Friday, May 08, 2020

New Speak Re-Imagined – vignettes of propaganda, surveillance and self-expression for a time of pandemic lockdown (Friday nights at 7pm from Lyric Theatre)

Half-way through its run of four weekly instalments, how is the Lyric’s repackaged New Speak Re-Imagined season of short works to accompany Bruiser’s COVID-19-affected coproduction of 1984 shaping up?

What might Orwell’s Newspeak from 1984 sound like in coronavirus-laded 2020? Dominic Montague has adapted the format of bullish and simplified messaging to create a frighteningly familiar yet contemporary vision of state control. In Real Talk, Patrick McBrearty at first delivers the deeply cynical talking points to viewing citizens – “please remember that viewing is mandatory, and you may be tested” – with enthusiasm in the first episode, with director Oisin Kearney allowing stylised jump cuts to amplify the sinister feel of the messenger’s implorations. Yet by the second episode, even the professional mouthpiece seems to be finding it hard to swallow some of the key messages, and I can only assume that his descent into possible thoughtcrime will continue to audibly drop in coming weeks. Close to the bone when viewed alongside the nightly press conferences from 10 Downing Street, it’s a wonder Montague and McBrearty haven’t been tapped on the shoulder by a government spin doctor to work on their national communications.

Another aspect of 1984 is picked up by Lata Sharma in Sausage Sodas and Onion Bahjees. The surveillance state may be on the rise, but her experience as an Indian growing up in Belfast was accompanied by twitching curtains and a tiny ethnic community who could communicate gossip and criticism faster than you could get the bus home sitting beside a good-looking lad from college. Emily Foran keeps the monologues moving and allows Sharma’s autobiographical reminisces to speak into modern times as the viewers wonder how much has changed.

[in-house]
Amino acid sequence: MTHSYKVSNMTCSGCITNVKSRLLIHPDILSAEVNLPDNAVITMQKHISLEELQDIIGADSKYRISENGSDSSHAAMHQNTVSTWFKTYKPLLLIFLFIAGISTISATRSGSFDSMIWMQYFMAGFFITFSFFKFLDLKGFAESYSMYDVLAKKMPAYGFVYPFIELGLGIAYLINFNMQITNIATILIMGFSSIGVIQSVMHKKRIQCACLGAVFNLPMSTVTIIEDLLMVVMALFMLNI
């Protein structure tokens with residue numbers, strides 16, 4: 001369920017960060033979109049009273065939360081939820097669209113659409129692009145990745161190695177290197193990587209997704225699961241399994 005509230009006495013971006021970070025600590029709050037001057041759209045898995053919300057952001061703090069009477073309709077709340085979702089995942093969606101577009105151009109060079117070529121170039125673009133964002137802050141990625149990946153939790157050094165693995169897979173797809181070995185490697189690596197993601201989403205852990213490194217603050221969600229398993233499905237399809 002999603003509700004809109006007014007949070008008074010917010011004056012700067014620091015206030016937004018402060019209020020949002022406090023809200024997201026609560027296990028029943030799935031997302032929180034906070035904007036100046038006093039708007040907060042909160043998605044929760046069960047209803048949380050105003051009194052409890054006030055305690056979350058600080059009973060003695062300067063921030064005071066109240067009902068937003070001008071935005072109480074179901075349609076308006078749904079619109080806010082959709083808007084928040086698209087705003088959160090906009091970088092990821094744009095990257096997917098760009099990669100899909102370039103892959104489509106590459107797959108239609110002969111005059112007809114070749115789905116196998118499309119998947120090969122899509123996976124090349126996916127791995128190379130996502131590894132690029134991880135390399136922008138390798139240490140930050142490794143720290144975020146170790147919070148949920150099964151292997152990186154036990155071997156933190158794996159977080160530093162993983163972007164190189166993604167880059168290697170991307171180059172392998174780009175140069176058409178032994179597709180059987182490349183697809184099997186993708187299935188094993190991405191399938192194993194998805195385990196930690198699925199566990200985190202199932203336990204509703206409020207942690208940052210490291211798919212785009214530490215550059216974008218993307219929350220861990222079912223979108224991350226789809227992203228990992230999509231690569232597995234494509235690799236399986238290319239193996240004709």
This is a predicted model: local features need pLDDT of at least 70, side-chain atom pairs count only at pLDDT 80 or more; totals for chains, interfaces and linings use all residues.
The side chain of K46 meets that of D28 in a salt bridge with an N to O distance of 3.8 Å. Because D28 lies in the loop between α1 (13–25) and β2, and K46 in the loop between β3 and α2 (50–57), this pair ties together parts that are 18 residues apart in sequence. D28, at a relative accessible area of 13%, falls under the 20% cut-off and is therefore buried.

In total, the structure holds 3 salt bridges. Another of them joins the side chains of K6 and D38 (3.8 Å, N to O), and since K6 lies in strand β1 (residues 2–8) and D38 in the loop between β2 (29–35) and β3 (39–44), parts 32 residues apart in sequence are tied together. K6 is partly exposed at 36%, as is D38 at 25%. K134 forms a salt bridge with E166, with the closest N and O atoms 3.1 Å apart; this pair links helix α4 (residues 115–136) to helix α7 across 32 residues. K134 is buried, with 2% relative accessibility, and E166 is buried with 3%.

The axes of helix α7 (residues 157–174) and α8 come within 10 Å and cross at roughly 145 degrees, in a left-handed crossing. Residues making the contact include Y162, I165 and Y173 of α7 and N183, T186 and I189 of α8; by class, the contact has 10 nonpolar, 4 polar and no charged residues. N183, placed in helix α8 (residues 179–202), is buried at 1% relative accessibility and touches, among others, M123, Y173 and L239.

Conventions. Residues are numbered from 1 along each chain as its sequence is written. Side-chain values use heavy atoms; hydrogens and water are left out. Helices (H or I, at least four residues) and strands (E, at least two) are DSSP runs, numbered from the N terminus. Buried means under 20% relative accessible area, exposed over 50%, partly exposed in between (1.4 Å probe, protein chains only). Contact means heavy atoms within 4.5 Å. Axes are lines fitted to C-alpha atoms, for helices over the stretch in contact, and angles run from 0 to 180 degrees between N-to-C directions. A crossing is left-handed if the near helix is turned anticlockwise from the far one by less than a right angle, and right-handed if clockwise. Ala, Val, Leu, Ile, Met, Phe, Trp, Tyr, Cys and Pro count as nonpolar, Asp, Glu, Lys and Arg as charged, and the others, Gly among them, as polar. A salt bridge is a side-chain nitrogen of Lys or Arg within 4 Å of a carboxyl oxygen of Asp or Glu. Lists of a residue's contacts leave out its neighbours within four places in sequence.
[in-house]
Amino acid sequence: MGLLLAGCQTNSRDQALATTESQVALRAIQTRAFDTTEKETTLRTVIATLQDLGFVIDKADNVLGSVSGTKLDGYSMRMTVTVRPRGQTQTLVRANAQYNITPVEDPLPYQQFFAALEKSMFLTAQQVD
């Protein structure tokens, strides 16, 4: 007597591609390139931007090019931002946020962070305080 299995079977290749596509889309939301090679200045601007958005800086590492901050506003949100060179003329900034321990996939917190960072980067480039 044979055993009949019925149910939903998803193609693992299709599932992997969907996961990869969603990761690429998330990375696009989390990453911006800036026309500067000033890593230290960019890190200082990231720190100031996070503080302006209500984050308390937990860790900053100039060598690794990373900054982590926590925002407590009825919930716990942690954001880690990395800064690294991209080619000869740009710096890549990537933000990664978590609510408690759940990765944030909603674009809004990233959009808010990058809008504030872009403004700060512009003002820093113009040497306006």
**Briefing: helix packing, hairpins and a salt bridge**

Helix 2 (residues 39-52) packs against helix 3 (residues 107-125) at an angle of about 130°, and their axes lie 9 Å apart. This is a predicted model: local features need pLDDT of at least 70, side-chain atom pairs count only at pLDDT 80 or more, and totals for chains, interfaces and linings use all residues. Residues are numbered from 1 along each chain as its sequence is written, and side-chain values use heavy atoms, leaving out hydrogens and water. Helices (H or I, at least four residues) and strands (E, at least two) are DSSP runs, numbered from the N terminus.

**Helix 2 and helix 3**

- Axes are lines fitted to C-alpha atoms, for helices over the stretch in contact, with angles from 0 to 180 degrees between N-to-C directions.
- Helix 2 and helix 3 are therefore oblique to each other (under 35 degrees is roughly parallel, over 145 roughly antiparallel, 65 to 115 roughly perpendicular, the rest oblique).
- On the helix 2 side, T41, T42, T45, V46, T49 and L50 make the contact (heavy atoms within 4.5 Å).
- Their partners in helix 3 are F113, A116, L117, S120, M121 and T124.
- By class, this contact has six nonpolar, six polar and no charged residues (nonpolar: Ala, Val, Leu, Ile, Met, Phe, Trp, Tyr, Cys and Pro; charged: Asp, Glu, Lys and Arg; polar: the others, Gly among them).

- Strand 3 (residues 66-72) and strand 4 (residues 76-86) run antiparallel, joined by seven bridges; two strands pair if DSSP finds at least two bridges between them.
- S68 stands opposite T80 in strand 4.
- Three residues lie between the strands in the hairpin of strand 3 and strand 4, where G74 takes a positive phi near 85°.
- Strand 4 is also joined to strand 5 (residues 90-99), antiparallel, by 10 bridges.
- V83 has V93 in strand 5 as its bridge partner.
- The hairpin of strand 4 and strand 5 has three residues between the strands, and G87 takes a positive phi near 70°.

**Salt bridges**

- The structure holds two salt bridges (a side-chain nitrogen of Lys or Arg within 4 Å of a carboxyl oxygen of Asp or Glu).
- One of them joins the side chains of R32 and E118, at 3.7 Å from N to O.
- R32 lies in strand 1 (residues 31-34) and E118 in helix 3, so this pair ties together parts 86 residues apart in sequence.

The Perception of the World Through My Eyes adds dance into the New Speak mix with high energy routines – week one in a small white-walled studio, week two on a bridge while dog walkers pass by in the distance. Poetry is mixed with movement Zara Janahi stares into the camera as if wilfully continuing to find ways to self-express in isolation..

The Great British Lockdown drops into Rebecca and Graham’s living room as they mull over their lockdown situation. Their often unknowing and mostly ignorant misinterpretation of guidelines and rationale reminded me of Jim and Hilda Bloggs in Raymond Brigg’s When The Wind Blows. They were isolated and unable to properly process the nuclear holocaust. Rebecca and Graham are bamboozled by the unprecedented isolation. Pray for wee Josh who has to survive the pandemic and his parents! Amadan Ensemble are often sinister and in your face in their real life performances, but these histrionic performances are no less effective in conveying fear and unease.

The final part of each week’s instalment of Lyric Theatre creativity come in the form of a music video from Katie Richardson. My Mind is a Weapon enjoyed a forest performance, while the second episode’s The Dark That’s Settled In is endued with a simple yet ornate shelving motif with mini-Katie heads subtly integrated into the household tableau of ordinariness.

Each Friday evening at 7pm, a new episode featuring these five strands pops up on the Lyric Theatre’s YouTube channel to pay homage to the continuing themes of George Orwell’s prescient work and the creative industry’s heartbeat of imagination and expression that refuses to lie down in the face of adversity.





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